(LAS VEGAS) -- The man suspected of gunning down 59 people from a perch high up in Las Vegas' Mandalay Bay Resort and Casino had cameras set up inside and outside of his hotel room, authorities said today.
"I anticipate he was looking for anybody coming to take him into custody," Clark County Sheriff Joseph Lombardo said today. Sources told ABC News the suspect utilized at least one camera outside the room possibly to monitor approaching police. Lombardo said there was a camera on a service cart in the hallway.
"FBI took all digital and electronic evidence into custody," Lombardo added.
Police said Stephen Paddock, a 64-year-old resident of Mesquite, Nevada, opened fire on a music festival crowd from the 32nd floor of the Mandalay Bay Resort and Casino, killing at least 59 people and injuring 530 others.
The gunfire sent more than 22,000 country music fans attending the Route 91 Harvest Music Festival across the street from Mandalay Bay scrambling for their lives. Some hid, some ran and others sprang into action, aiding the injured and helping people to safety.
Jason Aldean was the headliner of Sunday night's concert; video showed him rushing off the stage amid the gunfire.
Lombardo said Tuesday, "We received the call at 10:08 p.m. The best of our estimates... he continued to fire ... for approximately nine minutes."
The Las Vegas Police Department said authorities responded to a room on the 32nd floor of the Mandalay Bay hotel, where Paddock was found dead. Authorities said they believe Paddock killed himself prior to police entry.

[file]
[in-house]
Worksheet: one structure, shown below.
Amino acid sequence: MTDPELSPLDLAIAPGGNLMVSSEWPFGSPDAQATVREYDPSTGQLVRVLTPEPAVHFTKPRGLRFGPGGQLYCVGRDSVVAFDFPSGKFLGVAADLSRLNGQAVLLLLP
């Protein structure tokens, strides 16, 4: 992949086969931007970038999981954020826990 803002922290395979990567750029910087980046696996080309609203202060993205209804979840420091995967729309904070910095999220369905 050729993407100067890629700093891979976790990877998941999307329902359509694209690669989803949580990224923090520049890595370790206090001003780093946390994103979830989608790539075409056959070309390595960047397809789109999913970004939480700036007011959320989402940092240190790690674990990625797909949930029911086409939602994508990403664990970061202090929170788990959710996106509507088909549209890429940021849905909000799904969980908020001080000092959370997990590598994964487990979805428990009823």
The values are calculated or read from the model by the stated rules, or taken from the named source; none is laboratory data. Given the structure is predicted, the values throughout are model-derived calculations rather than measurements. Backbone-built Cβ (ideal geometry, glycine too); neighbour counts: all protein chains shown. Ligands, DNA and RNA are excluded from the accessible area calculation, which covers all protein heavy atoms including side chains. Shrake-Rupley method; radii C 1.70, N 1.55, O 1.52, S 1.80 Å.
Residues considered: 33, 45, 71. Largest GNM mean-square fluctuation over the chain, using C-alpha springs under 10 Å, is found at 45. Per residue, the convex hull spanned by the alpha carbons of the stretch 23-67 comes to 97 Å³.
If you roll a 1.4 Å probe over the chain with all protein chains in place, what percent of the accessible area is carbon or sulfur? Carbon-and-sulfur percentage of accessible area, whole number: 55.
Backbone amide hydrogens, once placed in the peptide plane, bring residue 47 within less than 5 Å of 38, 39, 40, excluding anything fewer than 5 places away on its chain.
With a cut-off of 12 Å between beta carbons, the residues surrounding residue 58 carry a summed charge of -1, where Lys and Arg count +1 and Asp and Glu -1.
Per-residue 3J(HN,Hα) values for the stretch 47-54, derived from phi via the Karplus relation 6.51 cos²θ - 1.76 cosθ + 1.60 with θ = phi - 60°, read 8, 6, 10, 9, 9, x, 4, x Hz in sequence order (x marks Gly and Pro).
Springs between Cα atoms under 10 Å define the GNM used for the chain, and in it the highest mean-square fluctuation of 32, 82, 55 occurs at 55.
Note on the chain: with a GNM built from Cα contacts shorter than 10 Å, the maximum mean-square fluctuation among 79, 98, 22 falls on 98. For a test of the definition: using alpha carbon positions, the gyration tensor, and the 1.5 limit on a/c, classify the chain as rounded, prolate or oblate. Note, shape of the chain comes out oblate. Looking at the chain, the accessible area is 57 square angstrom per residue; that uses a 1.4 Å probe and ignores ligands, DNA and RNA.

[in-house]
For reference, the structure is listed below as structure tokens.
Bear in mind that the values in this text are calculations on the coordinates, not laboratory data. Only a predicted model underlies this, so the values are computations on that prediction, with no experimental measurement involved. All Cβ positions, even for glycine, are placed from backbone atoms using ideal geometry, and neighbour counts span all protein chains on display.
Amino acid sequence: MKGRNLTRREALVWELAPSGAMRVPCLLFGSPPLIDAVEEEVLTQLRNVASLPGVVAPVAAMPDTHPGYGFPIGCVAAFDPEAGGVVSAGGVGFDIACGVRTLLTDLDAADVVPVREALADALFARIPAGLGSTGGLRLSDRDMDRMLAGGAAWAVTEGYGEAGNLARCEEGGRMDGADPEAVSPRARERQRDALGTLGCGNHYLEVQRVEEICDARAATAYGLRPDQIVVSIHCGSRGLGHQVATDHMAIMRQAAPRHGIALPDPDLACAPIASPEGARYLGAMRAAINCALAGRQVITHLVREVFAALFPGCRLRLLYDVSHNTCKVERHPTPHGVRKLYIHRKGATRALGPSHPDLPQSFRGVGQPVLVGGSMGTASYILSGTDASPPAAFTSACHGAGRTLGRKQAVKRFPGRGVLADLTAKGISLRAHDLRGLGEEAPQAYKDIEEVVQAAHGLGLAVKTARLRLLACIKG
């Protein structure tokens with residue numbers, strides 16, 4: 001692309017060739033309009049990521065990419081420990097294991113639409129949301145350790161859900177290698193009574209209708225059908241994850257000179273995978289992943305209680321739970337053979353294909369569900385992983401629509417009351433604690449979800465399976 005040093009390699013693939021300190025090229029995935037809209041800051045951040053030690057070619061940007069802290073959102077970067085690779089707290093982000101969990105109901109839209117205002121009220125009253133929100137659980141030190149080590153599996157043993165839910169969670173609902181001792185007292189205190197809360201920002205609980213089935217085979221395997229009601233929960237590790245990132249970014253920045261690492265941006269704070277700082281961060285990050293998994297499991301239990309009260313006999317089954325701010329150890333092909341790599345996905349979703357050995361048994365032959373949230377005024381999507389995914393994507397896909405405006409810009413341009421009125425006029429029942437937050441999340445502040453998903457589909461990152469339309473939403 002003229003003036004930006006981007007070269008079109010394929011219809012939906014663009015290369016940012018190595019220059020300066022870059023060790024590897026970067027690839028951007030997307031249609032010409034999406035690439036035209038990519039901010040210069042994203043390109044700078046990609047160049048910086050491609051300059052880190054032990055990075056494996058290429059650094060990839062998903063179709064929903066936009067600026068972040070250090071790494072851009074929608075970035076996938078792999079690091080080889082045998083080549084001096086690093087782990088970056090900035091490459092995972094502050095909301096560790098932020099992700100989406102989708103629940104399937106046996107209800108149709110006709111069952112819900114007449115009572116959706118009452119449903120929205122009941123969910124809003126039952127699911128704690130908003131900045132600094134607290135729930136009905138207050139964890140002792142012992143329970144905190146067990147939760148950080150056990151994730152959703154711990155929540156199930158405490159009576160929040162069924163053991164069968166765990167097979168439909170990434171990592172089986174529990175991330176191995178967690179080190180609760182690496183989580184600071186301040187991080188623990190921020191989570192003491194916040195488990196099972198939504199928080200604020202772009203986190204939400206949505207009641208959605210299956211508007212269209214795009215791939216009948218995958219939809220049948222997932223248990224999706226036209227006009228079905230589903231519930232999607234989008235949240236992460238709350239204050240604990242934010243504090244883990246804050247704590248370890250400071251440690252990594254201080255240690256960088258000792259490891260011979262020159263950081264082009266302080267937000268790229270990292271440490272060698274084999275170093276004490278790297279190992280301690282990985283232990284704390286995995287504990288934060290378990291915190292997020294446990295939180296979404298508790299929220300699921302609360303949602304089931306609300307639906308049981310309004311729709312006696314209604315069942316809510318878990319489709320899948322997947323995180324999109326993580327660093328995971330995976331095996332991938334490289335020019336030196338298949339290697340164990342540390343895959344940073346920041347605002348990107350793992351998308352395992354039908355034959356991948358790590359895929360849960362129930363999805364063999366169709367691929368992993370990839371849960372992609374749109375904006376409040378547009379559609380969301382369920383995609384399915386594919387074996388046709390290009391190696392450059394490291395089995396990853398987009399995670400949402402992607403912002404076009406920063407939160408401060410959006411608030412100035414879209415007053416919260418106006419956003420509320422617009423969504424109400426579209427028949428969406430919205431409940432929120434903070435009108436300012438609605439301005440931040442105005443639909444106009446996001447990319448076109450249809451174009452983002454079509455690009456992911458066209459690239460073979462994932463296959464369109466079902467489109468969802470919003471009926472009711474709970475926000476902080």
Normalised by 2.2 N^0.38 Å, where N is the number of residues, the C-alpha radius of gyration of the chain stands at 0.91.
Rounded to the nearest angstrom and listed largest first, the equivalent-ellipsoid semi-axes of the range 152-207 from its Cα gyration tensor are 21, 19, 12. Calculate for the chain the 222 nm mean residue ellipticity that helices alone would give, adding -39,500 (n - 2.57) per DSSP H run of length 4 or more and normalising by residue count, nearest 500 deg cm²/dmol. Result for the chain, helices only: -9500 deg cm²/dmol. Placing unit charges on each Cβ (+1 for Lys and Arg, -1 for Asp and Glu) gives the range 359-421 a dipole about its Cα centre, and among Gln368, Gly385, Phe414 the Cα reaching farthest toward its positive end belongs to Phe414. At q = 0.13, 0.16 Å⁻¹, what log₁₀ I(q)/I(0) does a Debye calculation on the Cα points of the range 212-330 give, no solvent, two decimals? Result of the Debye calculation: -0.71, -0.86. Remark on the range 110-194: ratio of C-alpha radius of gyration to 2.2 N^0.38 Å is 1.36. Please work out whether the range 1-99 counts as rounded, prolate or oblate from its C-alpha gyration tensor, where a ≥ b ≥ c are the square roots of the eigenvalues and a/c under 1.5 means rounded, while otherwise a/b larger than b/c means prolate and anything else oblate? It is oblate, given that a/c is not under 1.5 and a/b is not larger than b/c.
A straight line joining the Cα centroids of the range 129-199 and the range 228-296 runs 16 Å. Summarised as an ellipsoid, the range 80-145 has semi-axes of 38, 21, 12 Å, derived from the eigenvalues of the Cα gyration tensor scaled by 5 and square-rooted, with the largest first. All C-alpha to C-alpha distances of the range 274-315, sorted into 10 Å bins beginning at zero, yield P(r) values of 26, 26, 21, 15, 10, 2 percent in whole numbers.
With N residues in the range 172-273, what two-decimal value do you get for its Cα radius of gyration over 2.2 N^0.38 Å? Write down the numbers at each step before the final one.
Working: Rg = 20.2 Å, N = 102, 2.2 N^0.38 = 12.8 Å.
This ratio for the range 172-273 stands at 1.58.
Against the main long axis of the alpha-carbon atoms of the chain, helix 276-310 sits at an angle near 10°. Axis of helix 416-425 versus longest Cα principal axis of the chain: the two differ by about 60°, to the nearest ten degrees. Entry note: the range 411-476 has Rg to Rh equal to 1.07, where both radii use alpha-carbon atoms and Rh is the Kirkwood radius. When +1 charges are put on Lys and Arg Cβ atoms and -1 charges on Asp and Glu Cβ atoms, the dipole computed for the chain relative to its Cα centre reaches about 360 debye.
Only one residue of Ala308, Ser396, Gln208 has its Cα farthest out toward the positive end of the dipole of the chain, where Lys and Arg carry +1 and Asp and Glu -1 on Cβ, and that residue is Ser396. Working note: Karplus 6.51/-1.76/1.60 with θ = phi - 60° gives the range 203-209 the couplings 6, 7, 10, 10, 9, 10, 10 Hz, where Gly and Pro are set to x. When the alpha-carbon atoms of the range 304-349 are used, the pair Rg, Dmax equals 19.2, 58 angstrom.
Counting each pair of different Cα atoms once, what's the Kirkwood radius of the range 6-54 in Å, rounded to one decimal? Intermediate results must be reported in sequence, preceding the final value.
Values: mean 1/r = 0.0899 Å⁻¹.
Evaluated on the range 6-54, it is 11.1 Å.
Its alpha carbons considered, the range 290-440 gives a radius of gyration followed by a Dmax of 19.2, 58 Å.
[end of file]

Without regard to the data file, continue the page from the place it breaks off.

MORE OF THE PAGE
As the nation mourns what has become the worst mass shooting in modern U.S. history, authorities are working to piece together information about the suspected shooter for clues on what may have sparked the rampage.
The motive behind the shooting remains unclear. "I can't get into the mind of a psychopath," Lombardo said at a news conference Monday.
Paddock is believed to have been solely responsible for the attack, according to police.
Lombardo said authorities are reviewing police body cameras.
"This individual was premeditated," Lombardo said Tuesday. "I'm sure he evaluated everything he did in his actions, which is troublesome."
"The world has changed. And, you know, who would have ever imagine this situation," Lombardo said. "I couldn't imagine it. And for this individual to take it upon himself to create this chaos and harm is unspeakable."
'How I did not get shot ... I don’t know'
Jasmine Barbusca, a mother of two, told ABC News, "All you heard were just gunshots. And every time the gunshots would come down, you just start getting to the ground. And when they would stop, you get up and you just try to climb the fence again. We finally made it over. We were running through the parking lot; everybody just ran through the streets."
She said she was thinking, "'I got to get out, I’m going to be dead in five seconds.'"
"There were men going over their wives, their girlfriends, to block them," she recalled. "Unfortunately, those men got shot, but I mean, there were lives saved."
Barbusca said she saw one man as he helped many women climb the fence to escape.
"I don’t know who the man was, but there was a man who probably saved a good 20 women’s lives. He was really brave," she said.